Portland, Ore. (PRWEB) May 07, 2013
This spring, homeowners are looking for ways to “Go Green” with energy efficient solutions. Jacobs Heating and Air Conditioning, a Portland HVAC company, recommends new residential gas furnace systems to produce energy savings, reduce greenhouse gasses and decrease utility bills.
Proper heating, ventilating and air conditioning (HVAC) systems are important to maintaining a comfortable and healthy environment for residences. Collectively, these systems account for about 50 percent of all electricity used in a home. If the rooms are too hot or too cold, there is excessive humidity or dust, HVAC equipment needs frequent repair, energy bills are going up or the heating and cooling equipment is more than 10 years old, it is time for a change.
“Replacing your old HVAC units with new, energy-efficient models is a great start, but to make sure that you get the best performance, the new equipment must be properly installed,” said Brent Jacobs, President of Jacobs Heating and Air Conditioning. “Improper installation can reduce efficiency by up to 30 percent and also shorten the equipment's lifespan.”
Gas furnaces are generally rated by Annual Fuel Utilization Efficiency (AFUE), which demonstrates how much energy is being converted to heat. For example, an AFUE of 90 means that 90 percent of the fuel is being used to warm your home, while the other 10 percent escapes as exhaust with the combustion gases. New models, such as the Carrier Infinity® 98 Modulating Gas Furnace with Greenspeed™ Intelligence, boast a 98.5 percent AFUE, the highest you can buy in the market today with the smallest amount of greenhouse emissions.
Older furnaces, typically with AFUE between 65 to 80 percent, lose or waste heat, which then requires more energy to keep your home warm. In houses where heating units are kept in the basement or against an outside wall, the cold draft can also mean lost heat through the furnace cabinet. Today, energy efficient furnaces reduce this heat escape by adding a blanket of insulation inside the cabinet walls.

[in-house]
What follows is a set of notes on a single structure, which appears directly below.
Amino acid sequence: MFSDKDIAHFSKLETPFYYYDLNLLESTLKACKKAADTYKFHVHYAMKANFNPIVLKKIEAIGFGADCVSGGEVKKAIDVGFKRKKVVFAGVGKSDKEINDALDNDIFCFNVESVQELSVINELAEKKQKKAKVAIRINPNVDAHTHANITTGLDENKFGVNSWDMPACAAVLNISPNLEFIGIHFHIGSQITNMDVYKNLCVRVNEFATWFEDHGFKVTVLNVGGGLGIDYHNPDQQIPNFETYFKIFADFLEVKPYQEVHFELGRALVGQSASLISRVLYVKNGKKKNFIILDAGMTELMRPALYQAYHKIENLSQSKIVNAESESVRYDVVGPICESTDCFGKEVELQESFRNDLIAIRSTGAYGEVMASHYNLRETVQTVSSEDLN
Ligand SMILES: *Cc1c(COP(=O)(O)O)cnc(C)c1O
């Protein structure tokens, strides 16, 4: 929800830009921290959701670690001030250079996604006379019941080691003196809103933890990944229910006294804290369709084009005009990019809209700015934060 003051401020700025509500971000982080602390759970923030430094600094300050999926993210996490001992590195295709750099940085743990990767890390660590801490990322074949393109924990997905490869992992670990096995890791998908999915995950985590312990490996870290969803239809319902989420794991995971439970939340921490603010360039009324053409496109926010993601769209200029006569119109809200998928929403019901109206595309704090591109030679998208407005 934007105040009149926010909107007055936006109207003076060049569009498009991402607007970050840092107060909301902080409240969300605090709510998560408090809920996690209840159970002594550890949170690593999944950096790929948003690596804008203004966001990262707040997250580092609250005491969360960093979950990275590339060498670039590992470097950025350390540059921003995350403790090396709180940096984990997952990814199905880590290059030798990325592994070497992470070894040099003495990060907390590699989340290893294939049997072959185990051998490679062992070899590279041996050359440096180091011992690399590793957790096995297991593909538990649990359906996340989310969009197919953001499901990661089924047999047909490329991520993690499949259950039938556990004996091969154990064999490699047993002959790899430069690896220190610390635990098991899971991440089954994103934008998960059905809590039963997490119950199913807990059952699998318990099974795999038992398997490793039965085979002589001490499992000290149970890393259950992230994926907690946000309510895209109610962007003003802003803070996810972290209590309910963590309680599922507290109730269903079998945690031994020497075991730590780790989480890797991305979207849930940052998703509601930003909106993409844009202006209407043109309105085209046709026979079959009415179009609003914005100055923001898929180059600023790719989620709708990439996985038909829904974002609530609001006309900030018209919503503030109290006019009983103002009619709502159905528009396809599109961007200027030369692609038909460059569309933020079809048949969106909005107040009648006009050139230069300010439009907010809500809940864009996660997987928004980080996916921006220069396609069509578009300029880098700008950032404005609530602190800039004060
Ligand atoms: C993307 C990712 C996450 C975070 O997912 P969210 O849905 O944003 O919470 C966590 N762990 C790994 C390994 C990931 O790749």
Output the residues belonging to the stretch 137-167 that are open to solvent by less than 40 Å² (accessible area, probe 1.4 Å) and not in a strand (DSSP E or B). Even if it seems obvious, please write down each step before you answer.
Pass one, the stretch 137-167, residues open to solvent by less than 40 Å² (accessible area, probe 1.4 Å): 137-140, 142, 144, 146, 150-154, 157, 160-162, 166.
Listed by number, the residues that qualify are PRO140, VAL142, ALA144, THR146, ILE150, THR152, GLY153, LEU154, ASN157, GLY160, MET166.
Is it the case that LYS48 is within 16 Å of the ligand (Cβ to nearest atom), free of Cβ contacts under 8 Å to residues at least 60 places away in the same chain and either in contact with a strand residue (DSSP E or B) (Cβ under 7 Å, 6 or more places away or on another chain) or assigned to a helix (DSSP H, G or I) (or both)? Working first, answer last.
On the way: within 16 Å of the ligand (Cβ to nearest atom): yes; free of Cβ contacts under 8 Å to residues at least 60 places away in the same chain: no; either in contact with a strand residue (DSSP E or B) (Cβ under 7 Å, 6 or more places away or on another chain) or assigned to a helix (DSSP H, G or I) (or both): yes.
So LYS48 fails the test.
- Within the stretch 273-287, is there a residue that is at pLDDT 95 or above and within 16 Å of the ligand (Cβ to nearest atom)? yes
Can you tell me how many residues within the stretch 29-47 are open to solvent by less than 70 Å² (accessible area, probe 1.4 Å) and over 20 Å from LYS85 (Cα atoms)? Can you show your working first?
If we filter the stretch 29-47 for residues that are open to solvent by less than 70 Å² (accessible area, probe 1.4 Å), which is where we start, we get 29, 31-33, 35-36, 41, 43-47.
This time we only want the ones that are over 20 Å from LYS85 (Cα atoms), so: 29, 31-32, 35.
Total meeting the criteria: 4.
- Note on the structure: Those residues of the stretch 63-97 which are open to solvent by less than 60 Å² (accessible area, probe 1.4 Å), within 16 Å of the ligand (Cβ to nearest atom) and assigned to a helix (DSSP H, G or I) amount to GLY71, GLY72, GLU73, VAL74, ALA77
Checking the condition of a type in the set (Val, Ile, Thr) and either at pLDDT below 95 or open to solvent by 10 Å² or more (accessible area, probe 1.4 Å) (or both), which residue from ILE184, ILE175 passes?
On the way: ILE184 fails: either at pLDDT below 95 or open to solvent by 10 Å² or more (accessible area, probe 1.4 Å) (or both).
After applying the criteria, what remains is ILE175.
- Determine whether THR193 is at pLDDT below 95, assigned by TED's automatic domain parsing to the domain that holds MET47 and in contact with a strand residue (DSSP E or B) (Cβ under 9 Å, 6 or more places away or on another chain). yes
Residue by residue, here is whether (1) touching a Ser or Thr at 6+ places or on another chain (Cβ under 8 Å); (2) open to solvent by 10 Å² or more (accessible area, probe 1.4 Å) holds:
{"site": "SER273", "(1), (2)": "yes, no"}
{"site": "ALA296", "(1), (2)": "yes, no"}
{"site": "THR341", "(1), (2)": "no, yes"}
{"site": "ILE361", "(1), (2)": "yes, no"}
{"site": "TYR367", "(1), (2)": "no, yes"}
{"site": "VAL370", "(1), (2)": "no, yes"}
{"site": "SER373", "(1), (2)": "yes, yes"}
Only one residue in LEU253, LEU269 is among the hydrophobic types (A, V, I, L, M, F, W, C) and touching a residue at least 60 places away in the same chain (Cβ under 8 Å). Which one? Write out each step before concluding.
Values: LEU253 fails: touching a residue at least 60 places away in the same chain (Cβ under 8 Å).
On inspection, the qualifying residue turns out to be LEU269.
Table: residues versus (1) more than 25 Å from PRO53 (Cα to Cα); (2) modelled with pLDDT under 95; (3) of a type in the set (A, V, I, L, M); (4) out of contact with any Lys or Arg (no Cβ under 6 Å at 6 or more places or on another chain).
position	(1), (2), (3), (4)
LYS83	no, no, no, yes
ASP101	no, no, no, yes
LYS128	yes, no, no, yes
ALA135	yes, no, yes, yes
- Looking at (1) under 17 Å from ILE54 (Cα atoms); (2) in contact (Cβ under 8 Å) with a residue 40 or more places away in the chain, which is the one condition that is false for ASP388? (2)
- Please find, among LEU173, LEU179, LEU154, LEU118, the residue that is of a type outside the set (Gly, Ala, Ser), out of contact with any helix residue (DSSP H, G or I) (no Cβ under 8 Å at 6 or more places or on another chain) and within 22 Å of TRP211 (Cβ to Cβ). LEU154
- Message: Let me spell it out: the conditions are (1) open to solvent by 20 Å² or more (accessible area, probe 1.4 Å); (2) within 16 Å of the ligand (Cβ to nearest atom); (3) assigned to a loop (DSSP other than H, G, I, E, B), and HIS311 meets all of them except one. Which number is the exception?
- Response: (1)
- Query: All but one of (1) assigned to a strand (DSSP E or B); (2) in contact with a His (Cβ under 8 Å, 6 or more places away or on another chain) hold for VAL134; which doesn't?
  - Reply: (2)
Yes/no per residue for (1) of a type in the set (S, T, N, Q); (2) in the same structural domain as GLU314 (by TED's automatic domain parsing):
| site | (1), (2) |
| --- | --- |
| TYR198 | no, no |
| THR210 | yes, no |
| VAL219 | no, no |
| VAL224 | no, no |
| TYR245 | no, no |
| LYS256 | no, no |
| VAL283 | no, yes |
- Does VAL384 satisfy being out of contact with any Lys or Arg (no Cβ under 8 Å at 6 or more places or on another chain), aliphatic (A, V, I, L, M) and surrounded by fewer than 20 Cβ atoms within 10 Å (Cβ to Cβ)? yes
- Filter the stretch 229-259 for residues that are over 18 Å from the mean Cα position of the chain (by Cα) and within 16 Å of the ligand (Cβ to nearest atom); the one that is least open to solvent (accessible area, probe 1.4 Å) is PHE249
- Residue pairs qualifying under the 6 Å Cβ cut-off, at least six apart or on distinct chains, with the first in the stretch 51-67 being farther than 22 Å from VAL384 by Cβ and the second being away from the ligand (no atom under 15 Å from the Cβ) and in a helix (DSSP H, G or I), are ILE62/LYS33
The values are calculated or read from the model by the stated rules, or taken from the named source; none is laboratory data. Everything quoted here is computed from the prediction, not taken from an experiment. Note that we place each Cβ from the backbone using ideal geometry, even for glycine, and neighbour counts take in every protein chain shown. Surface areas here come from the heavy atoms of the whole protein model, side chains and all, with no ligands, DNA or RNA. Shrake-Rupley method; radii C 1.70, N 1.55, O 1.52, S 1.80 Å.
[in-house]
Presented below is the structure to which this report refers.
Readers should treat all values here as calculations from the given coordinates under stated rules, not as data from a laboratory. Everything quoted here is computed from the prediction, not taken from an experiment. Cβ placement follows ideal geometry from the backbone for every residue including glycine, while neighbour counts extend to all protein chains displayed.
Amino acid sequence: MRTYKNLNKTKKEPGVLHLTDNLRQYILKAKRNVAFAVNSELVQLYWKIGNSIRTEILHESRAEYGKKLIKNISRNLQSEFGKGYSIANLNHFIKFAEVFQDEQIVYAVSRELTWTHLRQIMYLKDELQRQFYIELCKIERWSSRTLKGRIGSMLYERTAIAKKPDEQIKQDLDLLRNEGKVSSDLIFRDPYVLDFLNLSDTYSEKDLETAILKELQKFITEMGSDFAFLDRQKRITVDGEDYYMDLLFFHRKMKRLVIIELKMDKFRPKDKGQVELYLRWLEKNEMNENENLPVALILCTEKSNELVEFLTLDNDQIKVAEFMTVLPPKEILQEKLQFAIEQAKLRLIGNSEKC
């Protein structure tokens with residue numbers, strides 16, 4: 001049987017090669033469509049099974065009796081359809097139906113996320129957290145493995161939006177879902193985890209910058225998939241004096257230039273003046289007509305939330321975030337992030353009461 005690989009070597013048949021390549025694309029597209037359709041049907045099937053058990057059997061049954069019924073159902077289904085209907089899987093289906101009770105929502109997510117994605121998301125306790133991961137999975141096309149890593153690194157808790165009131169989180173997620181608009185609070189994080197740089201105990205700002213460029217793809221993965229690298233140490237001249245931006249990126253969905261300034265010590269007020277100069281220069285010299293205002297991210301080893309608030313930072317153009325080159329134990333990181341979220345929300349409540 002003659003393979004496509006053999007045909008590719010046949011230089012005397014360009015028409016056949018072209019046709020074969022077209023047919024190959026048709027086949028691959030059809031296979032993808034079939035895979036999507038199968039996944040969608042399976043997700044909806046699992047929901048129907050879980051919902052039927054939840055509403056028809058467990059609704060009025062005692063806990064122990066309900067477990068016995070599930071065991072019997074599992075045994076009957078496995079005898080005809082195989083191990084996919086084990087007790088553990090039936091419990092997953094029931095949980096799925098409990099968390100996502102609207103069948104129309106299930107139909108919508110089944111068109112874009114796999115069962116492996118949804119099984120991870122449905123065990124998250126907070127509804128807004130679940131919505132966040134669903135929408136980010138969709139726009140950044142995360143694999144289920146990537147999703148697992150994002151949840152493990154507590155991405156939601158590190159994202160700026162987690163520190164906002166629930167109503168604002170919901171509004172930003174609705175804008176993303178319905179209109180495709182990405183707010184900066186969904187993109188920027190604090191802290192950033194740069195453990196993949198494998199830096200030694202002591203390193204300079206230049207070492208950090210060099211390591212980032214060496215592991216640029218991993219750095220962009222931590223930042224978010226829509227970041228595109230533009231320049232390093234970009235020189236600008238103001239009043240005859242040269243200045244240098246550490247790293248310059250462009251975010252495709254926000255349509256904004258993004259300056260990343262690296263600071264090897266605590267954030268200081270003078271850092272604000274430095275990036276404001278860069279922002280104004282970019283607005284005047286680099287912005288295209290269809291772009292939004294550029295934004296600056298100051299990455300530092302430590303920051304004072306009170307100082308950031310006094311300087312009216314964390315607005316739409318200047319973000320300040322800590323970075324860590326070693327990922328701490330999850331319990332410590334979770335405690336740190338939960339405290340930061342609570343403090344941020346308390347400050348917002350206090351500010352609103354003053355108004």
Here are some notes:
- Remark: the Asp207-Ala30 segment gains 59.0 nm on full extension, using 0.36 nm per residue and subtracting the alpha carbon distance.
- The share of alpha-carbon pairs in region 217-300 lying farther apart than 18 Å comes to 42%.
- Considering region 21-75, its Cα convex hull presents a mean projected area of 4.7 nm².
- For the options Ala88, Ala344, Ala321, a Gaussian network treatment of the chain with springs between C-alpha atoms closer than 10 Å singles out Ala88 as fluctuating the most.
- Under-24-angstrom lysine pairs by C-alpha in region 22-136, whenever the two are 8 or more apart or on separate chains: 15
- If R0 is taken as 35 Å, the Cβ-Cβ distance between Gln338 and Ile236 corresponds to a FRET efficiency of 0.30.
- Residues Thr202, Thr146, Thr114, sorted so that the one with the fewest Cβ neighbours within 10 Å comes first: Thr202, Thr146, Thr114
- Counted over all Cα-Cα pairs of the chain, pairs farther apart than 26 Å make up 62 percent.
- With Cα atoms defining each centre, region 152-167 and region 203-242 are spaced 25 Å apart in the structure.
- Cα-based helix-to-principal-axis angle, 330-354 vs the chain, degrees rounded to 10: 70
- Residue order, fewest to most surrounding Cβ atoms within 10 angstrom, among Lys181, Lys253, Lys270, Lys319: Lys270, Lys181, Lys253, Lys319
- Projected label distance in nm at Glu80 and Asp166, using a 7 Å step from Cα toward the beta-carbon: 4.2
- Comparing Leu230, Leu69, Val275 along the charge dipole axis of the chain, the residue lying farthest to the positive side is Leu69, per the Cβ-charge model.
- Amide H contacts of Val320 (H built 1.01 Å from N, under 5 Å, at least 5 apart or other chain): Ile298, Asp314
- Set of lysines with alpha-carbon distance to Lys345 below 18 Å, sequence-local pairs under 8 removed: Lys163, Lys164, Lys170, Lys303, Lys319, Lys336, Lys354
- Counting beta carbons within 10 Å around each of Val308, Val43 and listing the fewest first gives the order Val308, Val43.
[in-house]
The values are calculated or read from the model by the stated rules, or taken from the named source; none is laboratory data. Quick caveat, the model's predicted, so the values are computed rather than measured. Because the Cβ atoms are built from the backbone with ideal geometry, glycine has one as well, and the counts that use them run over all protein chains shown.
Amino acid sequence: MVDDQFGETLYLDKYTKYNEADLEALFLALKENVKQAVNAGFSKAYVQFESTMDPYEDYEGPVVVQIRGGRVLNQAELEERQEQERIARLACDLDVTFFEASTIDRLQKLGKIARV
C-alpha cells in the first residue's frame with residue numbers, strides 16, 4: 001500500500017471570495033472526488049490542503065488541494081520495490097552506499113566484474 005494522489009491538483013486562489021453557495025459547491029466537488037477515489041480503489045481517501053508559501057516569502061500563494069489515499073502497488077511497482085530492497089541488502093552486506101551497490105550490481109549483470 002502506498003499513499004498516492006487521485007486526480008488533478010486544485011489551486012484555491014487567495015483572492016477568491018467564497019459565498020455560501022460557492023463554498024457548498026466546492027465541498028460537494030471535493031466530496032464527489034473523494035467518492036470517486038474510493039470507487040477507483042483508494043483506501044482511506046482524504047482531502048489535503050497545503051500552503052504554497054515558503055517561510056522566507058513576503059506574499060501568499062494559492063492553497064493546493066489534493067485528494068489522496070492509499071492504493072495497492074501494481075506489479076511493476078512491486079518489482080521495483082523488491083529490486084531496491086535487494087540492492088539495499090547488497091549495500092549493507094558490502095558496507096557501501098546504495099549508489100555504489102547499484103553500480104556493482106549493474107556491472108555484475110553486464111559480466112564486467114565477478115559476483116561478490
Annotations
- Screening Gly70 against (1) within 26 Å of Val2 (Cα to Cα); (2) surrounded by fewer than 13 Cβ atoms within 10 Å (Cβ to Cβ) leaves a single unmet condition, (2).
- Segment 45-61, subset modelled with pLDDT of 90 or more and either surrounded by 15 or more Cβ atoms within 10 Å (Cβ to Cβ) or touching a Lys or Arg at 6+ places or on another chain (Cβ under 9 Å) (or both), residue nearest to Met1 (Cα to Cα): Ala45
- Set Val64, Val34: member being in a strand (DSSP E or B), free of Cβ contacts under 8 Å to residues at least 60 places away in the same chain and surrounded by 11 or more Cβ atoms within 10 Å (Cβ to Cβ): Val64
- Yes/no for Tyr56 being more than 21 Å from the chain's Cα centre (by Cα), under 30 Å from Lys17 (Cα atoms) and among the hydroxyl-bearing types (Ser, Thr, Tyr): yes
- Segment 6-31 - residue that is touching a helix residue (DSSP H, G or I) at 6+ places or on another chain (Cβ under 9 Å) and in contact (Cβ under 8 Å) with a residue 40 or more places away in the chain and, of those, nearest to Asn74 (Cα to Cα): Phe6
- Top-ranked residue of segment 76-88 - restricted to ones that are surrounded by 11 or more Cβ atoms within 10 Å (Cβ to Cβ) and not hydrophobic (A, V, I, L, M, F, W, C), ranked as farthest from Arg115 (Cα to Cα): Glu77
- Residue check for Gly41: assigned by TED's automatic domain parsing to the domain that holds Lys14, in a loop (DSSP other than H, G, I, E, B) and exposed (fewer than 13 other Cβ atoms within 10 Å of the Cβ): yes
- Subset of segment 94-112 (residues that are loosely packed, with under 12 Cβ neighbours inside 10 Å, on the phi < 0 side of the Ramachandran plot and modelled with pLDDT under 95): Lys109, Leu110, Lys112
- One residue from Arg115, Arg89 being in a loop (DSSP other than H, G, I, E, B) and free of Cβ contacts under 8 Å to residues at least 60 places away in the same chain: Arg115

Most gas furnaces also send a steady draft of warm air throughout the ventilation system and out the roof by allowing the hot air to rise naturally. In newer furnace models, even this small amount of heat is pulled into the heat exchanger at a constant flow, keeping the valuable warm air inside the system until it’s called to use.
Significant tax credits are available to homeowners from the state and federal government for the purchase and installation of a high-efficiency heating unit. For heating equipment purchased and placed in service between January 1, 2012 and December 31, 2013, gas and oil furnaces with at least 95 percent AFUE can earn $150 in credit, taken out of personal income tax liability for Federal taxes. Various Oregon state tax credits are also accessible.
“A high-efficiency furnace generally wears a higher price tag upfront, but it can make up the difference by reducing operating costs over the long run,” adds Jacobs. “Homeowners should weigh costs of the various furnaces against their price and features, as well as environmental considerations.”
About Jacobs Heating and Air Conditioning, Inc.
Operating out of Southeast Portland, Jacobs HVAC (CCB #1441) offers residential and commercial customers the best in heating and air conditioning equipment, installation and repair. Since 1952, Jacobs has provided solutions for energy conservation and reduction, backed by the company’s extensive experience and expertise. The local HVAC company offers heat pumps, furnaces, air conditioners, water heaters, fireplace inserts and more. Jacobs is a Carrier Factory Authorized Dealer and a Daikin 3D Network dealer, as well as a trade ally of the Energy Trust of Oregon. For more information, visit http://www.jacobsheating.com.